Four Take-Aways From the US Open

1. Brooks Koepka is a force to be reckoned with

The only thing bigger than Koepka’s biceps at Shinnecock this week was his confidence. After just a few holes into his miraculous Sunday round, it was clear that Koepka was the man to beat.

Koepka can now call himself a Two-Time Major Champion and a Back-to-Back US Open Champion. It’s crazy to believe that just four short years ago he was only on the European Tour.

Kopeka’s career is only going up from here, and if he can play Major Championship courses as well as he played Shinnecock, guys on tour will be scared to see his name on leaderboards for years to come.

2. Dustin Johnson is the best player in the world and rightfully so

After looking like he could run away with the tournament after a four shot lead on Friday evening, the weekend came at DJ like a brick. With a 77 on Saturday, DJ saw his title hopes slip away to one of his closest friends, a heartbreaking storyline that golf junkies are accustomed to by now.

Despite this disappointment, I think it’s clear that he’s still the best player in the world. If the man finished 3rd in the US Open, and that is considered a failure, that speaks a lot to his standing within the golf world.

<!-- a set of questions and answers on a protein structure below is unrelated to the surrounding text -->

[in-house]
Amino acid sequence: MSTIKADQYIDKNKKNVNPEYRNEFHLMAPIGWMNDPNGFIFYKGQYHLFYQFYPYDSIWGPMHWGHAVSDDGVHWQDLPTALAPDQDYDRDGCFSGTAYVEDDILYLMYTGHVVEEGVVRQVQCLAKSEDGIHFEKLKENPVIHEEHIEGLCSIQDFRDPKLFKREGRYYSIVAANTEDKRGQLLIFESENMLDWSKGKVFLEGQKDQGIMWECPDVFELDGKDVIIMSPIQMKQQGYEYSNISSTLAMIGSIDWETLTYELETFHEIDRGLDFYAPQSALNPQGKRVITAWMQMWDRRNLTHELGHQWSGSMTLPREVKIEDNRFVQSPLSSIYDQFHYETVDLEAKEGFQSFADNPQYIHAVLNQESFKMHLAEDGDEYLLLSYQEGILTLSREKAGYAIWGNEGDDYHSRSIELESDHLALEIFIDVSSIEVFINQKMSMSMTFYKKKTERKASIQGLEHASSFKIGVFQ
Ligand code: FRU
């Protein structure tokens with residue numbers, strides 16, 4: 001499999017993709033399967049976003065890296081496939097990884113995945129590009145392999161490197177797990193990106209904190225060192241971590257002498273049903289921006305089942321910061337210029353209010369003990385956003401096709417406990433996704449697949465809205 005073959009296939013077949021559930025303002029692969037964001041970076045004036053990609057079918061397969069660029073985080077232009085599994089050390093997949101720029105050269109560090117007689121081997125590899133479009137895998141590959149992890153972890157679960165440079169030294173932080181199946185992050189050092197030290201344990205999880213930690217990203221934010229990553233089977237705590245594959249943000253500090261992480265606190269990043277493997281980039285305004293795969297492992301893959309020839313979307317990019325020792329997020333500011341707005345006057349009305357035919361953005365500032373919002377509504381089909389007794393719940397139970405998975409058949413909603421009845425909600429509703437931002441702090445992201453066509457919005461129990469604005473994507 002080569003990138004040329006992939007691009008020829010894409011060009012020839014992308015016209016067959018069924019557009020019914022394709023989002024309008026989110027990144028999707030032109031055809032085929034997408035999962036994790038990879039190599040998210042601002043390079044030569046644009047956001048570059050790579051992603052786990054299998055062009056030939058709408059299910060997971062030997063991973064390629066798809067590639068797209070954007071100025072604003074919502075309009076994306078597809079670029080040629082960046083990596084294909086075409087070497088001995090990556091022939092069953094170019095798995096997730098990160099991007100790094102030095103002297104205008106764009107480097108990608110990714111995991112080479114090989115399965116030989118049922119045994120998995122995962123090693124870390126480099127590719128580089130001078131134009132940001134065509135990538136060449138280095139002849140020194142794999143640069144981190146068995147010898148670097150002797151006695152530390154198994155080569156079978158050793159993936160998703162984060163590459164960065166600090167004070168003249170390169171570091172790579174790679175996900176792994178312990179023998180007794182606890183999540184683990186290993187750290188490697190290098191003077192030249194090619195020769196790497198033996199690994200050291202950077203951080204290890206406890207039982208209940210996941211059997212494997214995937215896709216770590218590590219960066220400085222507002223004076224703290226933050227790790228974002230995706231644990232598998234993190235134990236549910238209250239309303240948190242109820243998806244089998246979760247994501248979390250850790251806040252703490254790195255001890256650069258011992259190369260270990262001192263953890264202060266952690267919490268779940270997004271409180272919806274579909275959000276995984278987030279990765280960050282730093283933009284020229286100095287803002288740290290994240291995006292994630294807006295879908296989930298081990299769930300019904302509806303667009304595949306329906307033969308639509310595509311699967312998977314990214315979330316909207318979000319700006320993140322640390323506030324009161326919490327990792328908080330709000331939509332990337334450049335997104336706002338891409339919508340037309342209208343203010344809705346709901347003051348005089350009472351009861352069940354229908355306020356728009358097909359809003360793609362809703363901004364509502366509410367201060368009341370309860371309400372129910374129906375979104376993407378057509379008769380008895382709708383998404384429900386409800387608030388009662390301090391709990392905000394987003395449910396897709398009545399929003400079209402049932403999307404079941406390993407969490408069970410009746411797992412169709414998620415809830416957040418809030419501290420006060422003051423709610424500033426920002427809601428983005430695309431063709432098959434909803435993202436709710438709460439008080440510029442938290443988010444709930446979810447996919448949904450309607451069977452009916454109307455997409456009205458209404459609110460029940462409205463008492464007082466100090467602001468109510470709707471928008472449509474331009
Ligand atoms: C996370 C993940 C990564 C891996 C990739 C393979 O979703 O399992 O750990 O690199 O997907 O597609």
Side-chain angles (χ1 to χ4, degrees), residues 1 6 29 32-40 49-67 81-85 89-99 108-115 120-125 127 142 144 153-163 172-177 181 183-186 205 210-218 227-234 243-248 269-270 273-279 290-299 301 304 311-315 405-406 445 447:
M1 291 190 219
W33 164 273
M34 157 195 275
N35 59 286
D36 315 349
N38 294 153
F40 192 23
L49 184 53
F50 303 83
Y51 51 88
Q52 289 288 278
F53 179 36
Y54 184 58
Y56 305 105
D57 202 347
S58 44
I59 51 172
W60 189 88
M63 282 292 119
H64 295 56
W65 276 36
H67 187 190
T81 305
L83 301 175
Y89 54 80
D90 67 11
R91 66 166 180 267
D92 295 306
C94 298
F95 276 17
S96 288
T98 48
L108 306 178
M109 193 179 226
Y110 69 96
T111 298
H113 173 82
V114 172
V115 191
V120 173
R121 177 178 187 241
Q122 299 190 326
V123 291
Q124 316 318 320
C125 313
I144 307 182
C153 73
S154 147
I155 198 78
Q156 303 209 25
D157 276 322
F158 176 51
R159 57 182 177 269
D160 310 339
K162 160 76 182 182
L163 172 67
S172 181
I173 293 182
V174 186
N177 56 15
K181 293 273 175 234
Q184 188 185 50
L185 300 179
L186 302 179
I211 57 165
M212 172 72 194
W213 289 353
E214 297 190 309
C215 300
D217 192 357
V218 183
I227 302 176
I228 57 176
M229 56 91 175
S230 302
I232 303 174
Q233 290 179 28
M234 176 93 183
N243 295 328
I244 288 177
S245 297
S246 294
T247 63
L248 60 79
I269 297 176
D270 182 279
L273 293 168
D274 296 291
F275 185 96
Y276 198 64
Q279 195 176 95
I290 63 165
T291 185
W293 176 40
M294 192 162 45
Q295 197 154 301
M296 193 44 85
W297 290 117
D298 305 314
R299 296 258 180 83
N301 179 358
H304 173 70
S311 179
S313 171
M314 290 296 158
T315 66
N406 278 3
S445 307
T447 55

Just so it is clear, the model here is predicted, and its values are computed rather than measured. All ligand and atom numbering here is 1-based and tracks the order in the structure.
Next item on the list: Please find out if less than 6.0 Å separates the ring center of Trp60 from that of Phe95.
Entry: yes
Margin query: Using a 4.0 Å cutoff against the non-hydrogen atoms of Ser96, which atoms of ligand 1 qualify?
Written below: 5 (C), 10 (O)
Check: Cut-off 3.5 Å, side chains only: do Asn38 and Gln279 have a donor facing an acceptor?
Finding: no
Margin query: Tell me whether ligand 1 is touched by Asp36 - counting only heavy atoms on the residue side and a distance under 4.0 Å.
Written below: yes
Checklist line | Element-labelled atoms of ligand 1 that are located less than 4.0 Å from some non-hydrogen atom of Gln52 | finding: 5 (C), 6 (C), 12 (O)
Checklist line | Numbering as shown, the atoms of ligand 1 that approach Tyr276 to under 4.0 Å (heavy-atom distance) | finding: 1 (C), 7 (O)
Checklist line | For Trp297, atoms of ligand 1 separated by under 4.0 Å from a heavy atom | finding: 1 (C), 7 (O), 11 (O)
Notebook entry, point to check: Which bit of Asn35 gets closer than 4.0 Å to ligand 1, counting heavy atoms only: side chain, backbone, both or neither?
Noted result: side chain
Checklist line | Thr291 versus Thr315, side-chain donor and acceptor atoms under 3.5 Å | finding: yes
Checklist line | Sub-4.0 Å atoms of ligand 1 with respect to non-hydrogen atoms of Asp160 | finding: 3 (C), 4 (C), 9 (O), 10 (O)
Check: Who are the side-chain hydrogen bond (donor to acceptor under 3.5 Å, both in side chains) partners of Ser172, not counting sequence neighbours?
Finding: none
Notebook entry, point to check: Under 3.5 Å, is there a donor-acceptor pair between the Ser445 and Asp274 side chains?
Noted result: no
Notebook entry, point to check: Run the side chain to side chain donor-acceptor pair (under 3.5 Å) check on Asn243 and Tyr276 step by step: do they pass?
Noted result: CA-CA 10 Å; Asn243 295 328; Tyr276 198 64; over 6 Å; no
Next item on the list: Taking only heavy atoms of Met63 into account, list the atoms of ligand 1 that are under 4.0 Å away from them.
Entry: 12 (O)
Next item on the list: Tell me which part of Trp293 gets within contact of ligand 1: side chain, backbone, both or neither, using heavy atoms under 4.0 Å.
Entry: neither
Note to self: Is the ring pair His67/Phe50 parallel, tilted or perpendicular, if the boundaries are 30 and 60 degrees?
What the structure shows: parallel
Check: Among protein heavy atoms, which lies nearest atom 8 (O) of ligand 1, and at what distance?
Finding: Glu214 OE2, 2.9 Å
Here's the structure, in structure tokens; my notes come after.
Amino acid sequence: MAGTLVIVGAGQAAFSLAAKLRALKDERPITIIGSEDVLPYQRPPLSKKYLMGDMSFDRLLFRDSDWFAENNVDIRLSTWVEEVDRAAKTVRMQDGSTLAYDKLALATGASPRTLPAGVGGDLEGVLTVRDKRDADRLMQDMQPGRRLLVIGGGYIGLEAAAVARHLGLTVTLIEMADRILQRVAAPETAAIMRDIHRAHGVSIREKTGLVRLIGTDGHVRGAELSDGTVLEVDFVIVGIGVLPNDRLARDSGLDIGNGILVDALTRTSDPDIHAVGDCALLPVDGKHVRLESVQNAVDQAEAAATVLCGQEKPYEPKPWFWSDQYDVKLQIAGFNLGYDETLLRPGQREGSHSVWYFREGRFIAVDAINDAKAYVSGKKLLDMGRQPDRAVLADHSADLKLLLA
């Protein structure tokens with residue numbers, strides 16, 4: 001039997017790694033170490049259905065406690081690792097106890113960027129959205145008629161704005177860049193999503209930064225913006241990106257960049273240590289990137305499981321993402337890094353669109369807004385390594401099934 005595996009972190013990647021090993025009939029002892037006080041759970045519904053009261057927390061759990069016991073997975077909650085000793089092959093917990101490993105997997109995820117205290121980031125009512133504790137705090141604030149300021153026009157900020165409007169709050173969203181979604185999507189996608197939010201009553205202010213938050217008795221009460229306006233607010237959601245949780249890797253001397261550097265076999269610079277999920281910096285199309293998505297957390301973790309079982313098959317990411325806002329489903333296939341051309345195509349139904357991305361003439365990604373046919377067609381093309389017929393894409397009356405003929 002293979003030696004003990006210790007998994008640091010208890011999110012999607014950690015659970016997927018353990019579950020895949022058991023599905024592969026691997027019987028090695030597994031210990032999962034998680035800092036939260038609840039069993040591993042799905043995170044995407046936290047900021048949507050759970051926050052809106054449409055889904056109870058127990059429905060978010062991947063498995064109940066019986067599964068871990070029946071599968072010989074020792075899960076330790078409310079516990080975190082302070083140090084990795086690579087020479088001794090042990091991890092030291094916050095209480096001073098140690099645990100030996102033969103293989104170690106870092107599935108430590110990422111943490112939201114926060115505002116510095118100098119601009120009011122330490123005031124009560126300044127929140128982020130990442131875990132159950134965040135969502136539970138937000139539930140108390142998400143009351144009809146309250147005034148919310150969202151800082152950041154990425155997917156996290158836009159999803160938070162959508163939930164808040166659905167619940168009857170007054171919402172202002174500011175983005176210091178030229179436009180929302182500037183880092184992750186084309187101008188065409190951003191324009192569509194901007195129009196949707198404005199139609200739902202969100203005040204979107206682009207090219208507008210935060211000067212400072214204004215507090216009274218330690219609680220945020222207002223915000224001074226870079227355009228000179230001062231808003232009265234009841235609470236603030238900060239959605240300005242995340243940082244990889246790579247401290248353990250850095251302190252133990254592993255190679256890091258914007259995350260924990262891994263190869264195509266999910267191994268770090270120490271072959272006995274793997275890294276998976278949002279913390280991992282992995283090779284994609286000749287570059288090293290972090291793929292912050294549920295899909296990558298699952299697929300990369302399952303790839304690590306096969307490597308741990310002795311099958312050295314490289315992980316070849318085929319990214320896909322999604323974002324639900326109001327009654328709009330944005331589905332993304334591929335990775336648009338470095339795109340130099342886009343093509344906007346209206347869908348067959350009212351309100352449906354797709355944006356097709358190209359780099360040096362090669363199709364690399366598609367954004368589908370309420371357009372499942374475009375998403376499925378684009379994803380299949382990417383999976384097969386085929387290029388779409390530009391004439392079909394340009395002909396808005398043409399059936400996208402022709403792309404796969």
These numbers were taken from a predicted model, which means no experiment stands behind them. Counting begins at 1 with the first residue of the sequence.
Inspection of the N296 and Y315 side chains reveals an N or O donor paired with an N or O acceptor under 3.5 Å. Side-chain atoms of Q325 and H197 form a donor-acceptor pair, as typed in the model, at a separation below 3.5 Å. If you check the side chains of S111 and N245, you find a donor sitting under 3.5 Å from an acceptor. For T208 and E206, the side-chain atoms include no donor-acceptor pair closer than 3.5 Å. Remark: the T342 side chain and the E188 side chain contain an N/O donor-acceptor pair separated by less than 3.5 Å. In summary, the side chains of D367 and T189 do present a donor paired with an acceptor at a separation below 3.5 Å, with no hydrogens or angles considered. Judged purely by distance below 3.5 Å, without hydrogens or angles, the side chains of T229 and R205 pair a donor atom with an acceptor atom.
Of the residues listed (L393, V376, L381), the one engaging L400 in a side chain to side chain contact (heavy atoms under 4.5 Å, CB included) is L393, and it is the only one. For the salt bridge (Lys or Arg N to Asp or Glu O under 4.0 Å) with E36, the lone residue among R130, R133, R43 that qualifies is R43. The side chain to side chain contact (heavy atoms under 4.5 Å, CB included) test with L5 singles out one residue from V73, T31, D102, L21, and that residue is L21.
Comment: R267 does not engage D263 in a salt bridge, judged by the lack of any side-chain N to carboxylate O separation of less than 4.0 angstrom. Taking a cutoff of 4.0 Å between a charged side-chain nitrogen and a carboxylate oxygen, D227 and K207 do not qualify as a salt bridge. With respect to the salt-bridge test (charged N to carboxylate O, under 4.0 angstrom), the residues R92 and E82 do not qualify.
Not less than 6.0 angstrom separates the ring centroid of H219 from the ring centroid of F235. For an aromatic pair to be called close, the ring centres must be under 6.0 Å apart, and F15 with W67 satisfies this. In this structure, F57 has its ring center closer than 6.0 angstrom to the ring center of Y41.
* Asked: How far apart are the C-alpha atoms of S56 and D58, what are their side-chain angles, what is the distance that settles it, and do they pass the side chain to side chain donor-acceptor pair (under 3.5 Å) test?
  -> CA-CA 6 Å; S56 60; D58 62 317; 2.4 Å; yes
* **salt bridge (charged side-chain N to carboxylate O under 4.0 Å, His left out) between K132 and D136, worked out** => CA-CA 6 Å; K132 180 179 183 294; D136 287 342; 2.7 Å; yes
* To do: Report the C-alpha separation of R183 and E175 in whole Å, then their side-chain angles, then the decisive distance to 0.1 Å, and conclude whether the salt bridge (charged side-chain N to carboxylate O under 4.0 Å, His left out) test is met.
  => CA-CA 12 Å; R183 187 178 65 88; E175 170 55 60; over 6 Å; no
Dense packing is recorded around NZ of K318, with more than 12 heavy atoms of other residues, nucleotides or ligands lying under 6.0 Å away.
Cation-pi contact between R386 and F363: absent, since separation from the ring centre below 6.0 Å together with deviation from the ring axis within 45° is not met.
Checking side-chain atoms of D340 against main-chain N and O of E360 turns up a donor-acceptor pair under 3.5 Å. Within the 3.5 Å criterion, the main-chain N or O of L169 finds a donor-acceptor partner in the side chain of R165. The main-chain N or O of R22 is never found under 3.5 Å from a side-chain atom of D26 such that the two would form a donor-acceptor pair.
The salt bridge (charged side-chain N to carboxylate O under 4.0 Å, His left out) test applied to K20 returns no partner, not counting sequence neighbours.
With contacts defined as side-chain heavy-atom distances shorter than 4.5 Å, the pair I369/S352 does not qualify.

He has two-wins on tour already and is due for another the way he’s been playing. I truly believe he’ll prove to the world that his 2016 US Open wasn’t just some fluke by winning another major sooner rather than later.

3. Something is very wrong with Jordan Spieth

Where to even begin with my man Jordan. After missing the cut for a fifth time this season, there’s legit reason to be concerned about the former World #1. Watching his 1st round Triple-Bogey on the 11th makes you wonder what’s behind these lackluster performances.

The main concern for Spieth right now has to be his putting. What used to be the backbone to his game, now couldn’t help him if his life depended on it.

Whether it’s more of a feel thing or more mechanical, he has his work cut out for him. Because if he doesn’t make some real changes to his game real fast, the Tour Championship will sneak up on him very quickly.

4. The USGA messed up big time… But also got it right

Saturday afternoon at the US Open was a disaster. There’s no argument there. The USGA could’ve made the greens a slip-and-slide, and balls would’ve stayed on the greens better.

The greens were the firmest and hardest playing they’ve been in a US Open in a long time, and that’s really saying something if you look back on some of these nightmare greens we’ve seen the last couple of years *COUGH COUGH CHAMBERS BAY*.

Amidst this course condition chaos, Brooks Koepka won this tournament seventeen strokes higher then he had a year prior at Erin Hills. In a field with the greatest players in the world, none of them managed to finish the tournament at even or below par.Personally, I think that stat alone is really cool and kudos (just this once) to the USGA for making our nation’s open one of the hardest test of golf in the world.



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